All of which goes some way to explaining why I anticipated that Clarice Lispector’s The Hour of the Star would be an uncomfortable, or upsetting, reading experience for me. And to some extent I was right in that regard, for Macabéa, the nineteen year old girl at the heart of the story, is a wretched creature: orphaned, raised by her pious and unpleasant aunt; poor and unloved; ugly and physically withered. She has a job as a typist but, due to a lack of education or inherent mental weakness [the narrator calls her ‘backward’], she is not very good at it. Indeed, there are few characters in literature who have so little going for them. Yet, despite her situation, Macabéa is sweet-natured, even-tempered; she takes all her misfortune on the chin.

One could perhaps explain her stoicism as being a consequence of her naivety, or lack of self-awareness [which the narrator frequently comments upon] or experience. Misery is a habit. You passively accept misfortune because it is all you know; in fact, you come to believe that it is all there is. Moreover, I know from experience that when you have so little, you do not expect or covet things. As a teenager I didn’t think about having a nice girlfriend, nice clothes, a nice house, a stable family life, an exciting future; I didn’t even realise these things were possible, that they even existed. It seems ridiculous, but it is true. If you had tried to convince me otherwise, I’d have brushed it off as make-believe.

favela

[A favela, or slum, in Rio, Brazil]

As a way of accentuating her unimportance, the nothing that is her existence, the narrator says that there are thousands of girls like Macabéa. She is, we’re to believe, not even special in her misery. In one sense, that is a reasonable statement. There are certainly thousands of people [men and women] were are born and raised in poverty, who have few or no prospects, who get so little of any worth out of life. However, there is something extraordinarily delicate about her, something other-worldly, which reminded me of the girl from Anna Kavan’s Ice, or even those sometimes found in Dickens’ novels. Dickens’ work is often accused of being exaggerated or romanticised, vis-a-vis the poor, but I have always resisted that interpretation, for there are all kinds of unusual people in the world, living in circumstances that, were they to appear in a novel, would be rejected as unrealistic. There is, in fact, no such thing as realism, because in life absolutely anything is possible. Yet, that does not mean that Macabéa is ordinary, or archetypal, or representative of a certain class of people, for the average person does not kiss walls because they have no one else to kiss.

For all this talk about Macabéa, it is the narrator, Rodrigo S.M., who dominates The Hour of the Star. I dislike the term ‘unreliable narrator’, for they are all unreliable, but he is certainly unstable. The novel is very short, some way shy of one hundred pages, and yet for the opening half [at least] he struggles to get his story going, focussing more on his own feelings, turning his attention to Macabéa on occasions, but constantly interrupting himself. It is as though Macabéa is a conduit, that it is the appearance [or illusion] of wanting to tell her story that gives Rodrigo S.M. the opportunity to talk about what he really wants to talk about: himself; he is, in this way, like all authors, who use, or take advantage of, their characters. Moreover, he claims to want to play it straight, to be cold and impartial, to avoid sentimentality, etc., in his presentation of Macabéa and her plight, and yet the novel is full of pity and compassion, only, again, one feels as though it is directed more at himself.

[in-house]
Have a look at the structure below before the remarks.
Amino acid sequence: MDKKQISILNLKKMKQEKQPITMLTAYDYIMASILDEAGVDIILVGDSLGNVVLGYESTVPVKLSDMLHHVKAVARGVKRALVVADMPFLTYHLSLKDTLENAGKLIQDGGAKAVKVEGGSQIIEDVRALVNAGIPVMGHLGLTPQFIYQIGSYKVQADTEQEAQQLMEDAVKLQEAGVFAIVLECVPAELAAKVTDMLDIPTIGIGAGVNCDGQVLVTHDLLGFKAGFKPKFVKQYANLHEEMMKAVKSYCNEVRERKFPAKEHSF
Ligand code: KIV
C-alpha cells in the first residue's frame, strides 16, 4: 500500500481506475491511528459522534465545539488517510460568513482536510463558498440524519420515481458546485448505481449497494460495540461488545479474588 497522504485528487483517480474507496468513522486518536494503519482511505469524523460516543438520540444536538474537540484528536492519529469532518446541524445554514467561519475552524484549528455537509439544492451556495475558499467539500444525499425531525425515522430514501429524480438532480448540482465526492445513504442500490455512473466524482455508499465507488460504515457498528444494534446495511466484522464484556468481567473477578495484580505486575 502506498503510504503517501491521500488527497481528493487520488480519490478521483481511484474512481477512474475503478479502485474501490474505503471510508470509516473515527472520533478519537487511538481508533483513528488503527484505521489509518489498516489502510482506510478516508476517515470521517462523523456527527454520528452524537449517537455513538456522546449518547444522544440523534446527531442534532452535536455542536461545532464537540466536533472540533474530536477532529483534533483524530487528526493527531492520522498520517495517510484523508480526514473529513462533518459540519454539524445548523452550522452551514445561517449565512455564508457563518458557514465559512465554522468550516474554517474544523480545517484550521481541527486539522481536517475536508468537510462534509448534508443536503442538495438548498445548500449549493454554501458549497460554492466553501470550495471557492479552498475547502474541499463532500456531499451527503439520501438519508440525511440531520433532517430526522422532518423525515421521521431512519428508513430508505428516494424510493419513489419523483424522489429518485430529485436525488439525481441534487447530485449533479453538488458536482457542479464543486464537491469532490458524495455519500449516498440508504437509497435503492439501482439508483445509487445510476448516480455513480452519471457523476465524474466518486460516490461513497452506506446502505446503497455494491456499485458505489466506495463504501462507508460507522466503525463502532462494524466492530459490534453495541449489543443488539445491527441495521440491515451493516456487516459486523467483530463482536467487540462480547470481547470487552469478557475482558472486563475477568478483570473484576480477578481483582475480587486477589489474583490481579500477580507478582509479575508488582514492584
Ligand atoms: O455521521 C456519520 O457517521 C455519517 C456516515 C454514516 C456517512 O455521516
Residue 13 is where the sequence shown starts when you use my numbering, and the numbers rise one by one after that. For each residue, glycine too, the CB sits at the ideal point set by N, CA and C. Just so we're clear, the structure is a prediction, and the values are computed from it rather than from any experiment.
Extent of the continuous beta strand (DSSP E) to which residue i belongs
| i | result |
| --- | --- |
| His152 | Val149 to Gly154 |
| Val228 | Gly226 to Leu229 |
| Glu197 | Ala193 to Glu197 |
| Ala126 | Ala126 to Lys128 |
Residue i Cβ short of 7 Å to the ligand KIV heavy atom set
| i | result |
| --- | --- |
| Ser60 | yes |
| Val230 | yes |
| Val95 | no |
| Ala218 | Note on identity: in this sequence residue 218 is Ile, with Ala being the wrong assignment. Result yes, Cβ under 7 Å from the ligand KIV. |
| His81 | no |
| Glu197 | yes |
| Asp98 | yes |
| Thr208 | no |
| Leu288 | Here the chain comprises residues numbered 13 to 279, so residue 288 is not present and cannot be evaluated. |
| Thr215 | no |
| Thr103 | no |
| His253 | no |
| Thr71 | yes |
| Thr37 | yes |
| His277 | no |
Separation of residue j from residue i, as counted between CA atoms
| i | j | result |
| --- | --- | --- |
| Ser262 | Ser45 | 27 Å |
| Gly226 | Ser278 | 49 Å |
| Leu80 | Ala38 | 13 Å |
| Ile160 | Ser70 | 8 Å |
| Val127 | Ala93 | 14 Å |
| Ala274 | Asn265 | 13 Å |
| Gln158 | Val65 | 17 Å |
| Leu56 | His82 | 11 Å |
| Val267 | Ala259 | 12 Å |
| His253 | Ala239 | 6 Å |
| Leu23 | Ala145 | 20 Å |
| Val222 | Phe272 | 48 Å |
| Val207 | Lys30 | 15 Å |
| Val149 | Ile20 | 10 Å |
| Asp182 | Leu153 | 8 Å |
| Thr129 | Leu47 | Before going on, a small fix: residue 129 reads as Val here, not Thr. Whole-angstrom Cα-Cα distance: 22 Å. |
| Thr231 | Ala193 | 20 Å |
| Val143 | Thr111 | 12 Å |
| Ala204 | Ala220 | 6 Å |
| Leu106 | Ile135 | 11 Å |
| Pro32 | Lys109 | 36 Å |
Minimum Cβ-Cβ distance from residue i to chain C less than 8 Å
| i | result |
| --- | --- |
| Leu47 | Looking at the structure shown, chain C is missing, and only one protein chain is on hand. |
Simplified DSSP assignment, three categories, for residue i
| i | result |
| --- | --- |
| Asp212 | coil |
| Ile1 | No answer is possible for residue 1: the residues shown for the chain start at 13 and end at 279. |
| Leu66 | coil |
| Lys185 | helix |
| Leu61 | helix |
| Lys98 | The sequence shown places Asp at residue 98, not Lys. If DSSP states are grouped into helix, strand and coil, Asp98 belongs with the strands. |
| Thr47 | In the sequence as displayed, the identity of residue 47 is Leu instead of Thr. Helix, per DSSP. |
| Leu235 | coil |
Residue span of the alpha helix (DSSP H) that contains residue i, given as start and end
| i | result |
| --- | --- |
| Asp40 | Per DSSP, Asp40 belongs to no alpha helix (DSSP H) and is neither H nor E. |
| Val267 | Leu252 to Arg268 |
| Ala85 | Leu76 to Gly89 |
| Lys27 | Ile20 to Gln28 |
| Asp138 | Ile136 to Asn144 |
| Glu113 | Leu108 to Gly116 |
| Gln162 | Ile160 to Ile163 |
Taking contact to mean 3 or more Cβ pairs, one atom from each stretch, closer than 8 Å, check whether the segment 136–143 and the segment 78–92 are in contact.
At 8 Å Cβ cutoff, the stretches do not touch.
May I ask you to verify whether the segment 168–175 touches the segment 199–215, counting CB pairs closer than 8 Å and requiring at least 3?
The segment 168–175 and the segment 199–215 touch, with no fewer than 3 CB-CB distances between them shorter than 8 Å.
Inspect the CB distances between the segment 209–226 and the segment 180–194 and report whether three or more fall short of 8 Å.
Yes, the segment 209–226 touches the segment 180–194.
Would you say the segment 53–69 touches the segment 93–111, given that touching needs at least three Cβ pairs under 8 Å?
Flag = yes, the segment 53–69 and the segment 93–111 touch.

“Who has not asked himself at some time or other: am I a monster or is this what it means to be a person?”

So, while it is temping to think that this is a novel about poverty, or how happiness is not doled out fairly, that some subsist on meagre rations, it is actually primarily about the writing process, specifically the relationship between a writer and his characters, a relationship as intimate as any you may have had with your sexual partners. There are a lot of religious references in the book, and you could make much of all that, I’m sure, but for me it relates to how to be an author is to be God, creating worlds, directing events and giving life. In her quiet, contemplative moments, when in need of guidance or assistance, to whom should Macabéa pray? To Rodrigo S.M., her Father who is in His Study, scribbling lines. Her life is in His hands. And, yet, His is in hers also; they sustain each other. Without her we would not know Rodrigo S.M.; if she dies, so does He; her disappearance necessitates His; her end, is His.

As one progresses through the novel, one comes to realise that Macabéa and Rodrigo S.M. are opposite sides of the same coin. Considerable discussion could be devoted to the innocence and sweetness of the poor girl in contrast to the experience of the more worldly and unpleasant narrator. One could also of course touch upon the male-female dynamic, for it was not an accident that Lispector chose to make it so that it is a man who creates, who holds sway over the woman, who puts her through such awful experiences [there is a definite aroma of sadism involved in all that, which does not only have a social-political context, but could be seen as the sadism involved in being an author]. I don’t, however, wanted to linger over this stuff too much. Before I finish, I do want to devote a few words to Lispector’s style, because that is the novel’s real selling point, that is what makes The Hour of the Star one of the necessary books. When reading Lispector previously, I found myself frequently irritated by what I saw as being a dated kind of modernism. But The Hour of the Star is nothing like that. There are no passé Joycisms, rather an abundance of memorable aphorisms, beautifully carved images, and droll asides. It is a strange, unique and threatening style, and all the more cherishable for it.